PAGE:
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Framing Practicum: Selection Incentive

by aysajan5 min read2nd Sep 20216 comments

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Exercises / Problem-SetsIncentivesWorld Modeling
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Credit

An enormous amount of credit goes to johnswentworth who made this new post possible.

 

This is a framing practicum post. We’ll talk about what selection incentives are, how to recognize selection incentives in the wild, and what questions to ask when you find them. Then, we’ll have a challenge to apply the idea.

Today’s challenge: come up with 3 examples of selection incentives which do not resemble any you’ve seen before. They don’t need to be good, they don’t need to be useful, they just need to be novel (to you). 

Expected time: ~15-30 minutes at most, including the Bonus Exercise.

What Are Selection Incentives?

Imagine trying to find great/popular posts on LessWrong. We look for things like high karma values, high number of comments, or a well-known writer. We don’t really look at the contents of the individual posts (yet), we just look at an overall “score” that can help us to choose posts. This overall “score” mechanism encourages writers to write posts that could potentially achieve high “scores”, for instance broad-interest posts, thought-provoking posts, controversial posts, etc, regardless of what the actual purpose of the writer is. 

This is a selection incentive: Something is chosen based on some criteria or a known process. For instance, posts are chosen based on an overall “score”: high karma values, high number of comments, etc. On the other hand, presenting ideas or transferring knowledge (not pursuing high karma values) might be what the writers actually want. But, the readers’ selection criteria are there regardless of what writers actually want in the first place.

Another example is corporations maximizing profits. The founder of the corporation has something in mind, for instance sending humans to space, producing the most affordable cars to the mass population, etc., and they may or may not be trying to maximize profit.  What happens in the real business world, however, is that businesses live or die based on how well they maximize profits. Businesses are selected on the basis of how well they maximize profits, regardless of what the founders actually want.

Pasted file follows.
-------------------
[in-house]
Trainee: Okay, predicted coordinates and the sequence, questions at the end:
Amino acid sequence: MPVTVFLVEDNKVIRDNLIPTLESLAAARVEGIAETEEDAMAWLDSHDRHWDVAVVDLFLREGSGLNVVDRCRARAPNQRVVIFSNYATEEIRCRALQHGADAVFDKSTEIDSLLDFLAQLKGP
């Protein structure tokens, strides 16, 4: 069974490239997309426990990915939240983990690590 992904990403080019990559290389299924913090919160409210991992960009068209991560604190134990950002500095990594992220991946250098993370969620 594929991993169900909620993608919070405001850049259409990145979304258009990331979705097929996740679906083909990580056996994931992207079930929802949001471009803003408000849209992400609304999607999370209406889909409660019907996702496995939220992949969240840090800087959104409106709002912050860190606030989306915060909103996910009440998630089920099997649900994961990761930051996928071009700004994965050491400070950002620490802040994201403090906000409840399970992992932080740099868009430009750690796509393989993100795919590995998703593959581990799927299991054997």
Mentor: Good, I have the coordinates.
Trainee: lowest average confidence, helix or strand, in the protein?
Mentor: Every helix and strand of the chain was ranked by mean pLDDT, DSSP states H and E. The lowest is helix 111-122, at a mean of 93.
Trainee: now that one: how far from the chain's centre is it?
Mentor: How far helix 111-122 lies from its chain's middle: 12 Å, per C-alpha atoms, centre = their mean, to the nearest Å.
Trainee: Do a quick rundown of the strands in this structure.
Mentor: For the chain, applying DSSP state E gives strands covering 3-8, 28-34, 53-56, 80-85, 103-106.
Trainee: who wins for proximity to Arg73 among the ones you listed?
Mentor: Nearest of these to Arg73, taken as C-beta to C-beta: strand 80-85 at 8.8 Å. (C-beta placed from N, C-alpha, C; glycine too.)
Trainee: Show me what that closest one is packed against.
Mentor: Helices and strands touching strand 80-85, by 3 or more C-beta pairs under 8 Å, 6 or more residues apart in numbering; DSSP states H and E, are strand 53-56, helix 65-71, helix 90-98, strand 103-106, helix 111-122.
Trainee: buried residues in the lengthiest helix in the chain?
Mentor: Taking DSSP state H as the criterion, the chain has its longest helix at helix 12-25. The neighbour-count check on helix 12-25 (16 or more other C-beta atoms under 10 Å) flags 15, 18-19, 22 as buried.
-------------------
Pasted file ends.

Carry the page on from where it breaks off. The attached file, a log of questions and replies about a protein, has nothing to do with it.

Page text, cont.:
What To Look For

In general, selection incentives should spring to mind whenever something is chosen based on some criteria or a known process. We want to know what factors cause something to be more or less likely chosen. A few ways this can apply:

  • We are selecting/choosing something based on some criteria.
  • We see systems which grow or die, and we want to know what causes the system to grow/die faster or slower.

Useful Questions To Ask

In the post selection example, posts with high karma values or high number of comments are more likely to be chosen than the ones with low karma values or low number of comments. But the post writers imagine a post that can present ideas/thoughts, transfer knowledge, or initiate a communication. High karma values may correlate with great posts, but may not align with what the writer actually wants, i.e., transfer knowledge and/or initiate conversation between the writer and the reader. What the writer actually wants diverges from what the selection criterion selects for/incentivizes.

In general, if an agent is involved, we want to know how the things the agent wants diverge from what the selection criteria “want”.

The Challenge

Come up with 3 examples of selection incentives which do not resemble any you’ve seen before. They don’t need to be good, they don’t need to be useful, they just need to be novel (to you).

Any answer must include at least 3 to count, and they must be novel to you. That’s the challenge. We’re here to challenge ourselves, not just review examples we already know.

However, they don’t have to be very good answers or even correct answers. Posting wrong things on the internet is scary, but a very fast way to learn, and I will enforce a high bar for kindness in response-comments. I will personally default to upvoting every complete answer, even if parts of it are wrong, and I encourage others to do the same.

Post your answers inside of spoiler tags. (How do I do that?)